Columbus native’s product combats opioid abuse, selected for Forbes 30 Under 30 list

Columbus native’s product seeks to mitigate opioid abuse. Watch this video and see how it works.

Gautam Chebrolu, 23, a Columbus High School graduate, and his business partner, Yossuf Albanawi, 24, built a portable and tamper-evident prescription bottle that dispenses pills one at a time when activated by a smartphone app. See how it works.
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Gautam Chebrolu, 23, a Columbus High School graduate, and his business partner, Yossuf Albanawi, 24, built a portable and tamper-evident prescription bottle that dispenses pills one at a time when activated by a smartphone app. See how it works.

A national business magazine considers a Columbus native one of the best young innovators in the United States and Canada.

Gautam Chebrolu, 23, a 2013 graduate of Columbus High School, is among the 600 twentysomethings on the 2019 Forbes 30 Under 30 list. Only the top 4 percent of the approximately 15,000 nominees were selected.

Forbes, headquartered in Jersey City, N.J., divided the prestigious list into 20 categories, each comprising 30 honorees. Chebrolu and his business partner, Yossuf Albanawi, 24, are in the social entrepreneurs category, highlighting leaders trying to change society. They met during the summer of 2017, when Chebrolu texted the phone number on an “Engineers Wanted” flyer posted in a Duke University coffee shop.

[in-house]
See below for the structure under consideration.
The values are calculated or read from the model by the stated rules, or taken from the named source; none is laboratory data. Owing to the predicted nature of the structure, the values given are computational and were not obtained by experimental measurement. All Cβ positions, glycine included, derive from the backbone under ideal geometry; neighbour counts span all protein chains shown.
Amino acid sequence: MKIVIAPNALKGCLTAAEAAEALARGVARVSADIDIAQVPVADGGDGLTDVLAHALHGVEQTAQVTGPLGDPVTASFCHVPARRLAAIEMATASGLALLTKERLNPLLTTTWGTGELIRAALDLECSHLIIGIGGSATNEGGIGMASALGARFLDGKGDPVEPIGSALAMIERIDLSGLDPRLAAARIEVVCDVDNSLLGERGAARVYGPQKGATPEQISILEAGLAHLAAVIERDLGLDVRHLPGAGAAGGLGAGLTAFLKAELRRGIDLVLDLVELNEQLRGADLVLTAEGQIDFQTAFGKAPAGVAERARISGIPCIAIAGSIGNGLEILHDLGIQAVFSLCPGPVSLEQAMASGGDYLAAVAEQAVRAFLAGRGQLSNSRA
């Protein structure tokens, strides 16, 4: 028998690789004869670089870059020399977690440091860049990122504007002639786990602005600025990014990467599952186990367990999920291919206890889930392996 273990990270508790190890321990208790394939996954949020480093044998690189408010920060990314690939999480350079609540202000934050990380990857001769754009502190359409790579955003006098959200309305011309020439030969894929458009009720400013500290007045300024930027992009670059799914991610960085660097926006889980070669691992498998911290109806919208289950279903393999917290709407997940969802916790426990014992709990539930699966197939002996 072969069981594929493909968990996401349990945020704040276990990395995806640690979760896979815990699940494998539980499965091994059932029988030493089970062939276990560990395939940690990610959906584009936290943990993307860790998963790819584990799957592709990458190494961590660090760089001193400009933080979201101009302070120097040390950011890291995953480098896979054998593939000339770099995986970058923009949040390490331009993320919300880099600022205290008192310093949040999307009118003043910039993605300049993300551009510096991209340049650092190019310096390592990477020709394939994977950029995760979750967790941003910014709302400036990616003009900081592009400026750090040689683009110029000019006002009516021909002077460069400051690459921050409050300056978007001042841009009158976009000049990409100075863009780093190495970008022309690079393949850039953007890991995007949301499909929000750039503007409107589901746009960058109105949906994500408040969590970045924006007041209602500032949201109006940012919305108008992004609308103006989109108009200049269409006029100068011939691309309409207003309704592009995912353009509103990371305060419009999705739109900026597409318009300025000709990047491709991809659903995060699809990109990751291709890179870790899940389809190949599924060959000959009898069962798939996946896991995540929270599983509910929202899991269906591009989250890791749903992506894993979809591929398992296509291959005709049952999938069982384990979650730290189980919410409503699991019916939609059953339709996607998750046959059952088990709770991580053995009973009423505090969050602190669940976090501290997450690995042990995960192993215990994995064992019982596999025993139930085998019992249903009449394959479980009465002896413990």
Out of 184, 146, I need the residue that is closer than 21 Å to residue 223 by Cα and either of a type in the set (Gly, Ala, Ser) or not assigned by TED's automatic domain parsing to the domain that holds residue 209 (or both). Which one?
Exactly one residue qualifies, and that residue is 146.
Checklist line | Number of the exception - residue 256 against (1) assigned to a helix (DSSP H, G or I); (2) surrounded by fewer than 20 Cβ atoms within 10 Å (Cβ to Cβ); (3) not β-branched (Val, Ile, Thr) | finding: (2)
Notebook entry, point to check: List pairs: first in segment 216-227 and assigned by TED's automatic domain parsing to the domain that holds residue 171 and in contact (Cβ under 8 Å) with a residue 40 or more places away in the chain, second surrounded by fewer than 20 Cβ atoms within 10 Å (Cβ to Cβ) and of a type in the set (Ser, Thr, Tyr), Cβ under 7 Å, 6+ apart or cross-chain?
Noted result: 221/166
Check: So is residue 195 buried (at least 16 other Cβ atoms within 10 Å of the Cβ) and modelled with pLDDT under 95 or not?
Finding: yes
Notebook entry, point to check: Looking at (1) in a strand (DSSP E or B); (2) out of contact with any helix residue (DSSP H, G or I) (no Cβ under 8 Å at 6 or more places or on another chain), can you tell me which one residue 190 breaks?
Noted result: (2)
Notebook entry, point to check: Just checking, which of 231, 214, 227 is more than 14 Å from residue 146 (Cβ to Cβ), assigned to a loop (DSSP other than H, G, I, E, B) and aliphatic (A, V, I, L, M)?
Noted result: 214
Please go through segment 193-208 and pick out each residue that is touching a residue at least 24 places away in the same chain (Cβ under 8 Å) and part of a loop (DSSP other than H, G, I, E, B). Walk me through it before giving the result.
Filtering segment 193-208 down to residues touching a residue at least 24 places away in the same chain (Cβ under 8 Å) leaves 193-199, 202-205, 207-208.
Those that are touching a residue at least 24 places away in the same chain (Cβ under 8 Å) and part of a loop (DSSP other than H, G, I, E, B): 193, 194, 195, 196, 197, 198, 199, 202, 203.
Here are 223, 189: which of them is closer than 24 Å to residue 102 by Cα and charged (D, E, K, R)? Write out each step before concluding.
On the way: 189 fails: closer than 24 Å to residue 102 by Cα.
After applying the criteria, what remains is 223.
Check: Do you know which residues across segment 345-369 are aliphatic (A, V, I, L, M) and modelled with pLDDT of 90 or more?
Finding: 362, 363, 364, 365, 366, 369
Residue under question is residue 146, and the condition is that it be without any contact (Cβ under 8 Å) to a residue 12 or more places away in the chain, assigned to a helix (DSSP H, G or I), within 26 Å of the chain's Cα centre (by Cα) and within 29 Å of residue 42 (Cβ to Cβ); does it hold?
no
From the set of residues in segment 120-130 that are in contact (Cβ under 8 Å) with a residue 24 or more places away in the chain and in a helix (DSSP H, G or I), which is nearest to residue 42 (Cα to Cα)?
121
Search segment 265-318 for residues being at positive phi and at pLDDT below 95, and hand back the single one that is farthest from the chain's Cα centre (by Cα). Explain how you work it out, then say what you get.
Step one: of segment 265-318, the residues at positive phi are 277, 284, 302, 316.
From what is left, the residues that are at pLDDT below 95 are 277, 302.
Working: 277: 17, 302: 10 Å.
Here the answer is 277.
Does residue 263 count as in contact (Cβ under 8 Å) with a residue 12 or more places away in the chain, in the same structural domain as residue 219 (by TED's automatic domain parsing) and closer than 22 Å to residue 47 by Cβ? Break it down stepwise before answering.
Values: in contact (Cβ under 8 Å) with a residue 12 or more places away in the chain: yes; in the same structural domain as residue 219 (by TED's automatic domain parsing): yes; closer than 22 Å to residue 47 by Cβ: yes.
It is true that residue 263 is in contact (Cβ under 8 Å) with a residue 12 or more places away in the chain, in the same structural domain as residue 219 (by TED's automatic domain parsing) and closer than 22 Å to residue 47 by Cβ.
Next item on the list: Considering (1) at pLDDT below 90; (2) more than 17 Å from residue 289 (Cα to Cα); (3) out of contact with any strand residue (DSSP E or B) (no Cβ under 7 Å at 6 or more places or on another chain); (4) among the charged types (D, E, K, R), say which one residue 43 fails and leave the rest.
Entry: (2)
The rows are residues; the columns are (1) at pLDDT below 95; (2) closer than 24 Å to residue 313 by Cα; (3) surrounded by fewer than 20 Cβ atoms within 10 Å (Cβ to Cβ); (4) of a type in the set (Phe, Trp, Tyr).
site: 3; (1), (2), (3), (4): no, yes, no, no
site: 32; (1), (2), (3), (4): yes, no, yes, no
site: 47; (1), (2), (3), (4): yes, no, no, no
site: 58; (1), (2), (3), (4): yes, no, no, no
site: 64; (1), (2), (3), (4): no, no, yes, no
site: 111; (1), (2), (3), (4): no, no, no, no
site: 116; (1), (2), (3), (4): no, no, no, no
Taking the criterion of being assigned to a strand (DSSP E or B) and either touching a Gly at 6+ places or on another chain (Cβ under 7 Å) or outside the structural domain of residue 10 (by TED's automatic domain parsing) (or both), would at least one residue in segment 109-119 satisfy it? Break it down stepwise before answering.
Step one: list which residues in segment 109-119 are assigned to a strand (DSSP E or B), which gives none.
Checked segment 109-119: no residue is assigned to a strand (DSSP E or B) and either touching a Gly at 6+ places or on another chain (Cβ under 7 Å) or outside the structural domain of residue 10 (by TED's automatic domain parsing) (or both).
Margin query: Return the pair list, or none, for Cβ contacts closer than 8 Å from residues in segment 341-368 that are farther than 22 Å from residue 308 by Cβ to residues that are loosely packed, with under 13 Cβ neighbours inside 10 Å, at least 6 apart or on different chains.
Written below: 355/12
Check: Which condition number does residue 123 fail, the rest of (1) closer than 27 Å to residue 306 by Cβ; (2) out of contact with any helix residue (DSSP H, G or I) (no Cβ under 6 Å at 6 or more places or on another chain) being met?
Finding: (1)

About a year ago, Chebrolu and Albanawi cofounded Pilleve, whose goal is to prevent opioid abuse and addition.

“Every single person we knew was affected by substance abuse in some way, whether it was a friend or family member, or him or herself,” Chebrolu said in an emailed interview with the Ledger-Enquirer. “So we decided to do something about it.”

Chebrolu, the 2013 Ledger-Enquirer Page One Award winner in math, earned a dual bachelor’s degree in biomedical and electrical/computer engineering from Duke University in 2017. Albanawi earned a bachelor’s degree in communication and entrepreneurship from Wake Forest University in 2017.

They read research that says nearly 80 percent of heroin abusers started their opioid addiction with prescription pills. That means, Chebrolu said, “the first step was to monitor exactly how prescription opioids are used and guide the patient to make more informed decisions.”

So they built a portable and tamper-evident prescription bottle that dispenses the pills one at a time when activated by a smartphone app. Their invention is “allowing us to engage patients at the point of intake and capture important data related to pain and functionality,” he said.

The data is relayed to healthcare providers for them to track the usage, Chebrolu said, “so they can provide the best care for their patients without extra hassle and provide an intervention if necessary.”

Their product is being tested in a pilot program “with one of the largest pain clinics” in Maryland, he said.

“In some initial tests,” Chebrolu said, “we saw that postoperative patients used on average 63 percent fewer opioids when compared to the national average for a similar surgery. According to the CDC (Centers for Disease Control), there is a direct positive correlation between the number of pills a patient takes and the risk of abuse and addiction, so we are pleased with the results but want to prove it on a wider scale.”